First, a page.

Yes Scott and the subtitles are filled with awkward phrases and grammatical errors as a result of the translation into English, although that doesn’t diminish the emotional impact or high quality of the movie as a whole. I agree the acting is first rate and the script certainly deserves an Oscar nomination. As Scott wrote, A Separation brilliantly conveys the stark cultural differences between Iran and the Western world while telling a universal story of human conflict that citizens of any country can relate to.
It opens with a powerful scene of Simin and Nader arguing before a judge whom we hear but don’t see. The camera represents the judge’s perspective. Simin is stating her case for divorce while Nader acts alternately angry and indifferent towards her. According to Iranian law a woman cannot obtain a divorce without her husband’s permission. Nader grants his approval but only because he knows Simin will never leave the country without their daughter, and he knows their daughter won’t willingly leave him.
Perhaps the best thing about A Separation is how it manages to sympathize with everyone involved in the conflict, while at the same time effectively showing how each of the 4 adults contributes to the escalating feud. The children are the only innocent victims in this heated quarrel between two families from different social classes. As Scott mentioned Nader and Simin are solidly middle-classed while Hodjat and Razieh are poorer and less educated. Hodjat has a short fuse. He attacks Nader at the hospital and later threatens physical violence against Nader’s family.
The case against Nader is based on the question of whether or not he was aware of Razieh’s pregnancy when he pushed her out his front door. As it turns out there are falsehoods being told on both sides of the argument.
I found the relationship between Nader and his daughter Termeh to be the most compelling one in the story. She is incredibly bright and several times catches her father in a lie and calls him out on it. The ending is intentionally ambiguous but still satisfying and in keeping with the slice of life naturalism of the story.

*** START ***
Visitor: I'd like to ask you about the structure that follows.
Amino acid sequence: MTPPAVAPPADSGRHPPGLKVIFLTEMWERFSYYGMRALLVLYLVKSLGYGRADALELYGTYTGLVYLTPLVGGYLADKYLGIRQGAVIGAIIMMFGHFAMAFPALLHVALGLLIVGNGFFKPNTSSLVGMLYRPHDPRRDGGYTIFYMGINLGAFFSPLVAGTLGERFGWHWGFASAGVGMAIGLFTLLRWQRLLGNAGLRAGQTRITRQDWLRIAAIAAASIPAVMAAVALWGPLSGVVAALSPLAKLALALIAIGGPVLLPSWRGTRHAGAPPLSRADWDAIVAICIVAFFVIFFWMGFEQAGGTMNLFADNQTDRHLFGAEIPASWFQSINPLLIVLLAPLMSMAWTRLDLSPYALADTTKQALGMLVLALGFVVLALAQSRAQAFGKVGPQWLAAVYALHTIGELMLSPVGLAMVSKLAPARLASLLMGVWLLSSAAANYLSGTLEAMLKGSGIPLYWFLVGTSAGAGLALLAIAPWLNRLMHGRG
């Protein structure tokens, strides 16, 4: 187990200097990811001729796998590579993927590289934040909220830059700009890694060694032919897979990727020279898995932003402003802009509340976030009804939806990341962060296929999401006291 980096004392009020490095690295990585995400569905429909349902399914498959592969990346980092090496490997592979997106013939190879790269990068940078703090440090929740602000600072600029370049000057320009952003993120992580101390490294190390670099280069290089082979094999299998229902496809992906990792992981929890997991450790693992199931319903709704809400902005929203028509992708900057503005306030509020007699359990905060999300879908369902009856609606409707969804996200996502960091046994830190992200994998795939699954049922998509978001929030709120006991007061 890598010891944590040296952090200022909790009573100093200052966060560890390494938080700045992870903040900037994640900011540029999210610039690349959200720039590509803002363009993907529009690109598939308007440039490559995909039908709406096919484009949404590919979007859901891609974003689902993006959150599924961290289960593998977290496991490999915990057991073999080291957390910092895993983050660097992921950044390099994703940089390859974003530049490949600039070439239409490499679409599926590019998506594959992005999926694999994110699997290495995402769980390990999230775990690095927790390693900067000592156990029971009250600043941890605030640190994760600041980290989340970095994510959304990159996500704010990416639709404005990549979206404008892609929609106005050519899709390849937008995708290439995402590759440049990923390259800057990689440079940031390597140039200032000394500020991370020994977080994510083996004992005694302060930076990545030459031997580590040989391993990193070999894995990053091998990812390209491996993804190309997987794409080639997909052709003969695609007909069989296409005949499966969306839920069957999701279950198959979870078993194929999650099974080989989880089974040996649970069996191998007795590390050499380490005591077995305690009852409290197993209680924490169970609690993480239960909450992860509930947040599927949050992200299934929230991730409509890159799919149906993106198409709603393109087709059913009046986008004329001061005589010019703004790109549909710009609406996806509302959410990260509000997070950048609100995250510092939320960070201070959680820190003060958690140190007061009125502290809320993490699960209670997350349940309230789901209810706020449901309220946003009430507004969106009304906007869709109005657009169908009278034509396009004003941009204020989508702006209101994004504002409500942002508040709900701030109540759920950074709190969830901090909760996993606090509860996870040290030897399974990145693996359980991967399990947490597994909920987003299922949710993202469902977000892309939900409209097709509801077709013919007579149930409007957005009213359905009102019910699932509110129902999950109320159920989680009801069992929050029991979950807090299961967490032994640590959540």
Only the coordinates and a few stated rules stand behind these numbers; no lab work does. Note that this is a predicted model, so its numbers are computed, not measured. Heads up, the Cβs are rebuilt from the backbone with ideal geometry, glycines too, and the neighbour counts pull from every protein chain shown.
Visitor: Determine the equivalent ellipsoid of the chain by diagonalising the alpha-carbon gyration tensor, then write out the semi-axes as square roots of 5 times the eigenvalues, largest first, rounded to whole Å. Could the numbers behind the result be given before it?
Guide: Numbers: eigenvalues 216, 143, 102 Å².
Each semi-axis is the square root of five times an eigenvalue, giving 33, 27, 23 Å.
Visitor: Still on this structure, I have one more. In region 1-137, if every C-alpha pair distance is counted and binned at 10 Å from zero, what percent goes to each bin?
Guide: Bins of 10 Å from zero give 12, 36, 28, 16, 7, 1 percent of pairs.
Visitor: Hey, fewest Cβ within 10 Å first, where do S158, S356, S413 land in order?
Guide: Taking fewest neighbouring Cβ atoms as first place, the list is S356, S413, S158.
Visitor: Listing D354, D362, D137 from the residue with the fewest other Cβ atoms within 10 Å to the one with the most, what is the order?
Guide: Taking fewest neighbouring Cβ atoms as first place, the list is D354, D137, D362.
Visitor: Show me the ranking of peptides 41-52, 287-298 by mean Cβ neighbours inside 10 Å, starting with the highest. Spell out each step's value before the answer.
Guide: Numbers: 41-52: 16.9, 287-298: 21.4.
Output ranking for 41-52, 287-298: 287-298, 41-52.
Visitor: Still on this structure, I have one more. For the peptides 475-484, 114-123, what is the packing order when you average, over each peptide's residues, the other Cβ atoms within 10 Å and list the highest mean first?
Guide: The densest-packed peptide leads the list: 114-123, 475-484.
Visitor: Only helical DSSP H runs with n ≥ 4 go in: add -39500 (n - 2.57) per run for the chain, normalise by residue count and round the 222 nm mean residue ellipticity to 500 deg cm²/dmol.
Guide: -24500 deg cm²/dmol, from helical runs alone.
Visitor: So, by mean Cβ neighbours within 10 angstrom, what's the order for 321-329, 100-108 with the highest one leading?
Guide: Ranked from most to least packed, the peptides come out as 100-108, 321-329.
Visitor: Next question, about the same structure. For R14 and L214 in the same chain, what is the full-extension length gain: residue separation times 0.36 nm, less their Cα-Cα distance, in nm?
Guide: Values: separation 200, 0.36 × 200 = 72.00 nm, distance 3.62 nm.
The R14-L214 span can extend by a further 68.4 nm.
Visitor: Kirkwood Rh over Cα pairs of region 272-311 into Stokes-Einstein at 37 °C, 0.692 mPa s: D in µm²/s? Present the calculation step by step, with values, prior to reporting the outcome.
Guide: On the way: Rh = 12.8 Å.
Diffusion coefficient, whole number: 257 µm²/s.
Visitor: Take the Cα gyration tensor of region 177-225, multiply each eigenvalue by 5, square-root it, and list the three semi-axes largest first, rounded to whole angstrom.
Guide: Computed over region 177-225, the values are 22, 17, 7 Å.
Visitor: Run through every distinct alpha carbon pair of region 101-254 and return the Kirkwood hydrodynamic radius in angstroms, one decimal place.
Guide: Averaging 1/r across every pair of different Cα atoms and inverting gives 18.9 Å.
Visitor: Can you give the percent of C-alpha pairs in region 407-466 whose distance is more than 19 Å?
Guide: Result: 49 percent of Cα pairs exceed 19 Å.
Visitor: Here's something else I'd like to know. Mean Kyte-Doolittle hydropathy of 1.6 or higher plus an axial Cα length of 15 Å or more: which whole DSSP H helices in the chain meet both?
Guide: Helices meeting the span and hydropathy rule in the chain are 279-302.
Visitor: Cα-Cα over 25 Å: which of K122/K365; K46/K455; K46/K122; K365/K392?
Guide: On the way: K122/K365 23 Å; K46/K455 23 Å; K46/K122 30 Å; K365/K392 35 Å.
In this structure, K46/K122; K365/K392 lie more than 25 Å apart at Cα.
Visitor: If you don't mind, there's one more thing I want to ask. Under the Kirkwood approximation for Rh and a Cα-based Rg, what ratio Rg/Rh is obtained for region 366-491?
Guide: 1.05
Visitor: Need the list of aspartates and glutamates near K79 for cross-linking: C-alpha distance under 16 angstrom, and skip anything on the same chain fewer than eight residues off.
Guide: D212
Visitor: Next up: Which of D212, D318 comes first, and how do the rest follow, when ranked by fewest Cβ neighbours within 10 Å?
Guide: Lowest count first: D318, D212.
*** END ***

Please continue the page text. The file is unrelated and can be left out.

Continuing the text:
A Separation is a powerful family drama that gives audiences an in-depth look into the lives of citizens of a country the Western world rarely sees. It features a very talented cast and offers a movie experience you won’t soon forget. Don’t miss it.
Have you heard the one about the Iranian husband who was fined for littering after he threw his wife out of their 12th story apartment window? Okay, so that was a joke, but that is the kind of attitude and stereotype many people have about Muslim marriage in these middle eastern countries. A Separation tells a different story and humanizes these people in a wonderful way, without sanctifying them.
The Islamic religion is an important part of the story and Iran is clearly represented as sexist, as the women must dress a certain way while the men can dress as they please. However, the women depicted on the film are not considered as lowly as is often talked about in the media. A Separation will likely be an eye opening experience for most westerners.
As Patrick wrote, the script was written with everyone being at fault to some degree, and I mean everyone. I also like how it shows how what one person does affects another. It is all a domino affect. The mother leaves, which causes the need for a home care provider. The father's lie leads to the daughter lying...etc. No one is completely the victim and no one is the obvious hero.
I felt the most sympathy for Nader. He finds himself under stress from his wife leaving and his father's ailment. He makes a rash decision and his life becomes a potential hell. He is not completely innocent mind you, but he is the one caught in the middle of everything. Everyone else has an out, but him.
A Separation is a perfect example of why I so often love foreign films.
Photos © Copyright Sony Pictures Classics (2011)